English-medium education

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An English-medium education system is one that uses English as the primary medium of instruction – in particular where English is not the mother tongue of the students.

Initially associated with the expansion of English from its homeland in England and the lowlands of Scotland and its spread to the rest of Great Britain and Ireland, the rise of the British Empire[1][2] increased the language's spread, as has the increased economic and cultural influence of the United States since World War II [3][4]

A working knowledge of English is perceived as being valuable; for example, English is very dominant in the world of computing. As a result, many states throughout the world where English is not the predominant language encourage or mandate the use of English as the normal medium of instruction.

Examples from across the world[edit]

Public advert on a street hoarding in Livorno, Italy

Canada[edit]

Main article: Education in Canada

Education in a provincial matter under the Canadian constitution, section 92. French language rights have been guaranteed in the province of Quebec since the Treaty of Paris 1763, French outside of Quebec and all other minority languages have faced laws against them at one time or another. English-only education laws were gradually rolled out across Canada during the nineteenth and twentieth century, culminating in the Manitoba Schools Question 1896 and Regulation 17 in Ontario in 1912, which both attacked French and other European minority language, and the [Indian residential schools system] which attacked Aboriginal languages.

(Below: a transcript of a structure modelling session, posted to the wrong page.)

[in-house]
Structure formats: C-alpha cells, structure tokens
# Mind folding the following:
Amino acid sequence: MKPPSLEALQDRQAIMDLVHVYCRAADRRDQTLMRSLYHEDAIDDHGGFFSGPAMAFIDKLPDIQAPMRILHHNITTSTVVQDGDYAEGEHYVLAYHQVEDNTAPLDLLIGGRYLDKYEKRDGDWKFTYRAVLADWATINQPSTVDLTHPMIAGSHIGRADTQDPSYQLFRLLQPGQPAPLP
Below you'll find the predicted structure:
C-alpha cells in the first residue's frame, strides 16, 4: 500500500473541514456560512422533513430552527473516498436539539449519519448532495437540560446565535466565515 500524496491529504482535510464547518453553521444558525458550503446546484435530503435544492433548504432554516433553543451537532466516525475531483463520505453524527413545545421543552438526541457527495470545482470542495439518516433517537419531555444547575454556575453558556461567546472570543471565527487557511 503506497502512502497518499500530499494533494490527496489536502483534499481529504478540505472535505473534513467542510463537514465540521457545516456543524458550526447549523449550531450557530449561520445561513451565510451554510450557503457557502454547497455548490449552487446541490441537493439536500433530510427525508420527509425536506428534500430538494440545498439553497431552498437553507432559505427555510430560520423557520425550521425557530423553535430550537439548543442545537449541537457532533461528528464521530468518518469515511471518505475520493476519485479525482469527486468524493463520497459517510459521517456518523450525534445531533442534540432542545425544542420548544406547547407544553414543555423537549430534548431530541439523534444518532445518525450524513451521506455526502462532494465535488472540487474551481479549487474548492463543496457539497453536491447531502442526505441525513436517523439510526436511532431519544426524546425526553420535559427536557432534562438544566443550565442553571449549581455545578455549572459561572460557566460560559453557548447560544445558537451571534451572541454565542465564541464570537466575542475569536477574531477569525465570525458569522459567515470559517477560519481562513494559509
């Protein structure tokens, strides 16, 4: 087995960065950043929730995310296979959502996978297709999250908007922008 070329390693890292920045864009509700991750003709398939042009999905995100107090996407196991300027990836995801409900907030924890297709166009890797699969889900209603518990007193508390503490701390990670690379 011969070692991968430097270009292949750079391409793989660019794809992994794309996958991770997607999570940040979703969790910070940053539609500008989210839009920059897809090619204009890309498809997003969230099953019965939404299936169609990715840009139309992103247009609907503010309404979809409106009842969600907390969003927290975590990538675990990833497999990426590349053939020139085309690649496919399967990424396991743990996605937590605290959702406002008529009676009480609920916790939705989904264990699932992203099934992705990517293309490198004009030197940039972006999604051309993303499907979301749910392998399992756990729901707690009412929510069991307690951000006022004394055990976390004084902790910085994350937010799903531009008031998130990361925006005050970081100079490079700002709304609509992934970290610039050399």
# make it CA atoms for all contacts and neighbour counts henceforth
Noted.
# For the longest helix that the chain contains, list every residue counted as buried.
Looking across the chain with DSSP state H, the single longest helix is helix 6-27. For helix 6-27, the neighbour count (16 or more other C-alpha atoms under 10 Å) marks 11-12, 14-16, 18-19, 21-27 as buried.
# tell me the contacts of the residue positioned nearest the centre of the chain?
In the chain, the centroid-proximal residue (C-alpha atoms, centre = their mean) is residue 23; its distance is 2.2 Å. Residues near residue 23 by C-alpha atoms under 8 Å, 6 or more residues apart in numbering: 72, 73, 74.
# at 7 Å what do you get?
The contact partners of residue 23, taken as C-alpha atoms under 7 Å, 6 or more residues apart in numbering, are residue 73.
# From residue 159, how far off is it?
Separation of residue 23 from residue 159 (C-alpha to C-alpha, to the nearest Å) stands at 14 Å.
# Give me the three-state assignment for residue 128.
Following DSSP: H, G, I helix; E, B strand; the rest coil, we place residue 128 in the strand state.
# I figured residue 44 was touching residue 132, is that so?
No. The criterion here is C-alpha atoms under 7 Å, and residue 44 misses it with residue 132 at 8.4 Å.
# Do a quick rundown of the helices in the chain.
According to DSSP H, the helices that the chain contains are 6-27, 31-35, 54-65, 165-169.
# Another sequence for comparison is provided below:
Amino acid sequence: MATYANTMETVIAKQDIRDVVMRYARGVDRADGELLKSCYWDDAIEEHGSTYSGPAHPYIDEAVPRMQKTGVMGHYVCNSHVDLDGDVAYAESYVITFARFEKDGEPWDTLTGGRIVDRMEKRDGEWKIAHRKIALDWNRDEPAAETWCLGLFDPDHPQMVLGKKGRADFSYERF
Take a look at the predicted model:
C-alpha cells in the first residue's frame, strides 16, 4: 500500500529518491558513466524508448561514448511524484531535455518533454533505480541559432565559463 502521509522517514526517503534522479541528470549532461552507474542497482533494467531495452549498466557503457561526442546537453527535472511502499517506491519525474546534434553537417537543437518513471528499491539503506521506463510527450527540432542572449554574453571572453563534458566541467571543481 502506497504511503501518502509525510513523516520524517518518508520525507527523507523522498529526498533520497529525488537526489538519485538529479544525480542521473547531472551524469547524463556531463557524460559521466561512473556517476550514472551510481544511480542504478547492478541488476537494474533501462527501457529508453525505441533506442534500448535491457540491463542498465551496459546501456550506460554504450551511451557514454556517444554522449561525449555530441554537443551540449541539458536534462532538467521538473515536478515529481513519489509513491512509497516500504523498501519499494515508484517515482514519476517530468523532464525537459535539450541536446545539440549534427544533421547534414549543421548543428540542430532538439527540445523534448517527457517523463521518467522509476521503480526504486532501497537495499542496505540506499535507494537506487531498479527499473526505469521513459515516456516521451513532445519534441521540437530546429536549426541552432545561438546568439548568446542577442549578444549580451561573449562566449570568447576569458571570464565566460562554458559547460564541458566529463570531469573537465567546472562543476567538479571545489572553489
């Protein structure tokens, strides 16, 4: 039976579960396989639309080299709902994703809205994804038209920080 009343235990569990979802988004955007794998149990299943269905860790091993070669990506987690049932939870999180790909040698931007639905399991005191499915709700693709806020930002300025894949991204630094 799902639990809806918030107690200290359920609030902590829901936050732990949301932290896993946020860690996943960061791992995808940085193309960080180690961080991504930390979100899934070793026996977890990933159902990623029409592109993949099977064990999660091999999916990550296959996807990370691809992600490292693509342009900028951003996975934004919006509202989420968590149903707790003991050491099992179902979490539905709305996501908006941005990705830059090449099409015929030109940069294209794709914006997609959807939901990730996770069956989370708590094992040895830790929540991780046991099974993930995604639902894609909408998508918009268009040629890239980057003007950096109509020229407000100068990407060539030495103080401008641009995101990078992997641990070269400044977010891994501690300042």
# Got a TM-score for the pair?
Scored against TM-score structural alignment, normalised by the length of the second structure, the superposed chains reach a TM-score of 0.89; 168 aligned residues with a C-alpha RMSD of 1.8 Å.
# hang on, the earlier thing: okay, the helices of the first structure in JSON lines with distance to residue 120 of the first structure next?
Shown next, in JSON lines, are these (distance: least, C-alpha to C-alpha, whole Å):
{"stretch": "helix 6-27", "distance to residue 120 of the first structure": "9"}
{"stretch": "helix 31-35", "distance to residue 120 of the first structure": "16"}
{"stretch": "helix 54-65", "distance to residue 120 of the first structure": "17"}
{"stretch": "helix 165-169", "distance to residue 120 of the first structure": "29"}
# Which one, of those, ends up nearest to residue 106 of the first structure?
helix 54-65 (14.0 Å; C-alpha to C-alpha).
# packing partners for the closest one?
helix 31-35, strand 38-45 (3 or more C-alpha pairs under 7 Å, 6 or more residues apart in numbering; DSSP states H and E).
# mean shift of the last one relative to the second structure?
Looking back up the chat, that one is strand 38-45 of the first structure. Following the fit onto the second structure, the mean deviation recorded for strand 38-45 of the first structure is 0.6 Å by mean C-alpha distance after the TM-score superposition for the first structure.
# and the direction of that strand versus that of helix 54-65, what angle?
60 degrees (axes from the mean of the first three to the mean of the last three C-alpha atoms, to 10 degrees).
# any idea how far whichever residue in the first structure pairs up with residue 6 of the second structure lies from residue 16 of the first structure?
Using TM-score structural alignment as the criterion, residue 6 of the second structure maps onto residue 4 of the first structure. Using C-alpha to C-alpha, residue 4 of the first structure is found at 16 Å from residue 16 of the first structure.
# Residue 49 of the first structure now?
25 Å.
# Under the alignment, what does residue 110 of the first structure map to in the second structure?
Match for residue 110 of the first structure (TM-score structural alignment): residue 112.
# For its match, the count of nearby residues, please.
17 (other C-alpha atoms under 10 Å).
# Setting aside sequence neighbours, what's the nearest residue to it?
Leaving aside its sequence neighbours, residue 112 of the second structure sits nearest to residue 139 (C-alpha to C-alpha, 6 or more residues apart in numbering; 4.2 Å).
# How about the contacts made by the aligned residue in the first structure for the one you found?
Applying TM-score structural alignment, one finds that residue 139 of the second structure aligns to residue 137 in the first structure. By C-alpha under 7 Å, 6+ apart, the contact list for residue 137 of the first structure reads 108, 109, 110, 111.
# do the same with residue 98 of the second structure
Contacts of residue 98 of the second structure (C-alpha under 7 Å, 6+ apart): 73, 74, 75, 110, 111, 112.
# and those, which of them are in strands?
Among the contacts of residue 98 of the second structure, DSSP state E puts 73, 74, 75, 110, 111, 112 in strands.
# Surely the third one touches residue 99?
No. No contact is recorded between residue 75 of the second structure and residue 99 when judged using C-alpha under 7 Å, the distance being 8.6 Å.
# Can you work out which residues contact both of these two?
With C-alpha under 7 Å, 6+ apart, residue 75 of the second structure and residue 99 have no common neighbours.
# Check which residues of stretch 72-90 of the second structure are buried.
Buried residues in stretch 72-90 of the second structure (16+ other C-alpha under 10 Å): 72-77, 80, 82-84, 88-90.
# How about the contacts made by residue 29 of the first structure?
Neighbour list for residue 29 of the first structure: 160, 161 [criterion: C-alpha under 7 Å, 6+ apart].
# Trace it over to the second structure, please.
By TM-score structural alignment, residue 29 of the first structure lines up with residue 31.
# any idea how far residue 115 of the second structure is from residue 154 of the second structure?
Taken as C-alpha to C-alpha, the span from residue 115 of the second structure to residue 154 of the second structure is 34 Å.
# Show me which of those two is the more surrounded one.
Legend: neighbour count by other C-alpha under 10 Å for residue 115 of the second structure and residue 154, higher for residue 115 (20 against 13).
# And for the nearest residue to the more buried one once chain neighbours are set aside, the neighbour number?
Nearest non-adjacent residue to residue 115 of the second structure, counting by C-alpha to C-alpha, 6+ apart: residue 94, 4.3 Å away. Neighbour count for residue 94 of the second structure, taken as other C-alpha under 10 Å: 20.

These policies were gradually abolished in the wake of Canada's adoption of official bilingualism (French/English) in 1969 and multiculturalism in 1971, but English remains the predominant language of education outside of Quebec and New Brunswick.

Wales[edit]

The Laws in Wales Acts 1535–1542, passed by the Parliament of England, annexing Wales to the Kingdom of England are sometimes known as the "Acts of Union."

An often quoted example of the effects on the Welsh language is the first section of the 1535 Act, which states: "the people of the same dominion have and do daily use a speche nothing like ne consonant to the naturall mother tonge used within this Realme" and then declares the intention "utterly to extirpe alle and singular sinister usages and customs" belonging to Wales.

Section 20 of the 1535 Act makes English the only language of the law courts and that those who used Welsh would not be appointed to any public office in Wales:

Also be it enacted by the Authority aforesaid, That all Justices, Commissioners, Sheriffs, Coroners, Escheators, Stewards, and their Lieutenants, and all other Officers and Ministers of the Law, shall proclaim and keep the Sessions Courts, Hundreds, Leets, Sheriffs Courts, and all other Courts in the English Tongue; (2) and all Oaths of Officers, Juries and Inquests, and all other Affidavits, Verdicts and Wager of Law, to be given and done in the English Tongue; (3) and also that from henceforth no Person or Persons that use the Welsh Speech or Language, shall have or enjoy any manner Office or Fees within this Realm of England, Wales, or other the King's Dominion, upon Pain of forfeiting the same Offices or Fees, unless he or they use and exercise the English Speech or Language.

An effect of this language clause was to lay the foundation for creating a thoroughly Anglicised ruling class of landed gentry in Wales, which would have many consequences.